The Australian Resources and Energy Law Journal (ARELJ) began as a collaboration between The Centre for Energy and Resources Law of the University of Melbourne, The Centre for Mining Energy and Natural Resources Law of the University of Western Australia and Energy & Resources Law Association (formerly AMPLA Limited).

A peer reviewed, academic publication, the ARELJ covers current issues, recent developments and challenges relevant internationally and locally to each state and territory.

As well as peer reviewed articles, the ARELJ contains comments on matters of interest, notes on recent developments in case law and legislation, case notes and occasional book reviews.

ARTICLES 

DECOMMISSIONING LIABILITIES – FOR WHOM THE BELL TOLLS?
David A. W. Maloney, AM

This paper examines the circumstances in which titleholders who had recently acquired late-life petroleum production assets located off New Zealand’s shores and in Commonwealth waters off Australia’s shores were able to avoid liability for the costs of decommissioning wells and related infrastructure, and the responses of the respective governments and industry to the measures proposed or adopted to avoid a recurrence.

 

RECENT DEVELOPMENTS

TRANSITIONING SECTION 18 ABORIGINAL HERITAGE ACT 1972 CONSENTS UNDER THE ABORIGINAL CULTURAL HERITAGE ACT 2021 OF WESTERN AUSTRALIA
Jim Bartlett, BCom (Economics/Business Law), Juris Doctor Student- University of Western Australia.

The legislative reform from the recently passed Aboriginal Cultural Heritage Act 2021 (WA) enables section 18 consents under the existing Aboriginal Heritage Act 1972 (WA) to continue for many years, and allows for a period where applications under the 1972 Act can continue to be made. With these consents being no stranger to controversy over the course of nearly 50 years, this note summarises the timeline for which section 18 applications can be made, how the new Act differentiates section 18 consents by the date of their application, and the differing lifespan and reporting requirements for these consents.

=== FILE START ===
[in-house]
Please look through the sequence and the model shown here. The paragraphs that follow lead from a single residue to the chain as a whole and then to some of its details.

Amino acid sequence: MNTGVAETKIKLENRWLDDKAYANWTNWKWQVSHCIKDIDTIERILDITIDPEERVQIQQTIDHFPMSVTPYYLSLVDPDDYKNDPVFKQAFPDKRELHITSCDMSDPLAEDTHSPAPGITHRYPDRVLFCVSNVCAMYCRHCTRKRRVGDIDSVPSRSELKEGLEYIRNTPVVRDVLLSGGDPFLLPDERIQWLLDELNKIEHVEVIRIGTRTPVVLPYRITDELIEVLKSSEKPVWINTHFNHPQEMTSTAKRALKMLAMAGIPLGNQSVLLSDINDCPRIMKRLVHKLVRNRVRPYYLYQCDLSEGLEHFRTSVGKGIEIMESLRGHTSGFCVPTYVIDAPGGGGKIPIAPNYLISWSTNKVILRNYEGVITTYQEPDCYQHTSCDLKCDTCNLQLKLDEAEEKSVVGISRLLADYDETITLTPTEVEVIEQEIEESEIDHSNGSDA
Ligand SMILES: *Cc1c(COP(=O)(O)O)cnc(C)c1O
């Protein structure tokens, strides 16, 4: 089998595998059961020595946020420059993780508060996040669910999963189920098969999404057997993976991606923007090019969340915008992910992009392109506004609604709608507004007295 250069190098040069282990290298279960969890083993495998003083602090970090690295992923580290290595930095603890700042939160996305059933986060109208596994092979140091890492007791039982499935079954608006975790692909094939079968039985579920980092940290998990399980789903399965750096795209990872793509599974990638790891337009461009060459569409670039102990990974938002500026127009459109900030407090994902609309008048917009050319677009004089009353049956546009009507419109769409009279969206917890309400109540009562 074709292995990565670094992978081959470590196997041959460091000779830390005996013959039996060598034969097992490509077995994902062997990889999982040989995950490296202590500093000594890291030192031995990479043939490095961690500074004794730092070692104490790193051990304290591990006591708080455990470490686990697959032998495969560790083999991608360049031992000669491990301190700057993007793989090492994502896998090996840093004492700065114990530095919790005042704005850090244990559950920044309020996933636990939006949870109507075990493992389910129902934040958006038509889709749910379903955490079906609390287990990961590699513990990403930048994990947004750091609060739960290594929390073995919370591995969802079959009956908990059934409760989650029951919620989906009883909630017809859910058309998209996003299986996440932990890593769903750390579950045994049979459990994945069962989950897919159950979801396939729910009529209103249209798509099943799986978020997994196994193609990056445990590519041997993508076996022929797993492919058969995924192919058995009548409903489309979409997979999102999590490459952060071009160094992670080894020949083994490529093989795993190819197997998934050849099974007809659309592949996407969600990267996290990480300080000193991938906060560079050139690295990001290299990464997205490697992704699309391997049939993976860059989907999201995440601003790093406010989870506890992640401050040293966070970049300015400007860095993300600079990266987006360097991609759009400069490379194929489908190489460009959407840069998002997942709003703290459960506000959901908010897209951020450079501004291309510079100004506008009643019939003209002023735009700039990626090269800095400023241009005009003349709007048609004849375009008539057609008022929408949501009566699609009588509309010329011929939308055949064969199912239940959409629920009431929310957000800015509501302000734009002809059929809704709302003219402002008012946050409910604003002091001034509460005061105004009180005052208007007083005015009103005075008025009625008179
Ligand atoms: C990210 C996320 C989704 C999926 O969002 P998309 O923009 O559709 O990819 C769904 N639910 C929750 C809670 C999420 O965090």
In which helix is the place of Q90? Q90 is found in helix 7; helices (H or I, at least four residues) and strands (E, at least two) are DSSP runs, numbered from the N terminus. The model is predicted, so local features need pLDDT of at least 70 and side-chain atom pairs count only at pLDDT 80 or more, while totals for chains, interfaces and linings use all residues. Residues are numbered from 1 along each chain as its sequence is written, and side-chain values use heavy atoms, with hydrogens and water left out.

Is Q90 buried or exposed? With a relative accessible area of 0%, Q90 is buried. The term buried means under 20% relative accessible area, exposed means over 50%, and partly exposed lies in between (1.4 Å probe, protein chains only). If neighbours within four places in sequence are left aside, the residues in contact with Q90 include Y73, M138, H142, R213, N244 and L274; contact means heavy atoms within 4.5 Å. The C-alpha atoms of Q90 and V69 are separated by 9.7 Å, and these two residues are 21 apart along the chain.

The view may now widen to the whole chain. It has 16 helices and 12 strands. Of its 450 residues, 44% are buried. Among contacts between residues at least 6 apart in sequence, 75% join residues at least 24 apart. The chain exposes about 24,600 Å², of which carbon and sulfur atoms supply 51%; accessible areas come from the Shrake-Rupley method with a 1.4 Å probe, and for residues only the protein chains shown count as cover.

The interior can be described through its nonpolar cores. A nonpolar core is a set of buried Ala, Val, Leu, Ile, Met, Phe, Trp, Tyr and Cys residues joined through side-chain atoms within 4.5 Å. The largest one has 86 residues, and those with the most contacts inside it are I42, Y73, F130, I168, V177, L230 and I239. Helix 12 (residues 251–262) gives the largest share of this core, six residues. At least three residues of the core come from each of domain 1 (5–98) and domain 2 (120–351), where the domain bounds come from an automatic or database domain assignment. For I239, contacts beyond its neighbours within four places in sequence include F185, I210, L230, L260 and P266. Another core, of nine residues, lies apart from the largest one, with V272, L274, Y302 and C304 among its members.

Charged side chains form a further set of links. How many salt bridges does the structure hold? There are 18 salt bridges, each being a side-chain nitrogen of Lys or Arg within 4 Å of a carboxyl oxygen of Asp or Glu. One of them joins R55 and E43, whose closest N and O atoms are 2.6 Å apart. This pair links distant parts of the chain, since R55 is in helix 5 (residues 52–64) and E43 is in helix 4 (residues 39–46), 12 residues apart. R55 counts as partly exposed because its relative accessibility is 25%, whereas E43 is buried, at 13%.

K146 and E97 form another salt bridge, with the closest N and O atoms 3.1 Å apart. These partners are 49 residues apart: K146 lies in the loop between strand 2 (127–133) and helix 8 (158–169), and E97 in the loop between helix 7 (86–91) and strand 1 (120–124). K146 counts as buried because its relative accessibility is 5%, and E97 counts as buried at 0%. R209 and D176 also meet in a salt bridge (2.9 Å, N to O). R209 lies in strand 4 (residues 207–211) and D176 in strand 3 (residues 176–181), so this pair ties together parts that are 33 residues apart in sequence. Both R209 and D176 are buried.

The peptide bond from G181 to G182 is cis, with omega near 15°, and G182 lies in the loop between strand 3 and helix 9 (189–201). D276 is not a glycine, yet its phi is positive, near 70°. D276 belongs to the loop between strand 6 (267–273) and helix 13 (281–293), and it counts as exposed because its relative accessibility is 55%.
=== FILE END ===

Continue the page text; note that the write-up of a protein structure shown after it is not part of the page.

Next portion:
Editorial Committee

The Editorial Committee is responsible for the publication of AREL Journal, reviewing all submissions, and approving or rejecting each for publication.

Editor: Dr Penny Crossley, Associate Professor, The University of Sydney Law School
Editorial Board:
• Peter Holden, Chair, ActewAGL
• Simon Bladen, Rio Tinto
• Kanaga Dharmananda, Francis Burt Chambers WA Bar
• Mark Gerus, Francis Burt Chambers
• Lauren Kirkwood, Rio Tinto
• Natalie Lonergan, Norton Rose Fulbright
• Robert Merrick, Herbert Smith Freehills
• James Minchinton, Sparke Helmore
• Peter Rose, Johnson Winter & Slattery
• Samantha Smart, Price Waterhouse Cooper

Submissions

Authors considering a submission should contact their State Coordinator to discuss whether any proposed topic has already been assigned to an author.

 

Submission Requirements

An article is 3-10,000 words and argues a core substantial point with appropriate supporting analysis and references. An article may be submitted to the Branch Coordinator at any time. Articles are subject to peer review and will not be published until that process is complete.

Comments, case notes and book reviews are 1-3,000 words and will give an explanation and analysis of a recent topical issue, case or book.

Recent development reports are up to 1,500 words and describe a recent policy, legislative or case law development with minimal analysis

 

Notes for Authors

Authors preparing submissions for the AREL Journal should ensure that all references and other material are in accordance with the Notes for Authors.

Copyright

Articles subject to peer review - authors are required to provide an assignment of their copyright.

Other submissions - authors are required to provide Energy & Resources Law with a licence to publish

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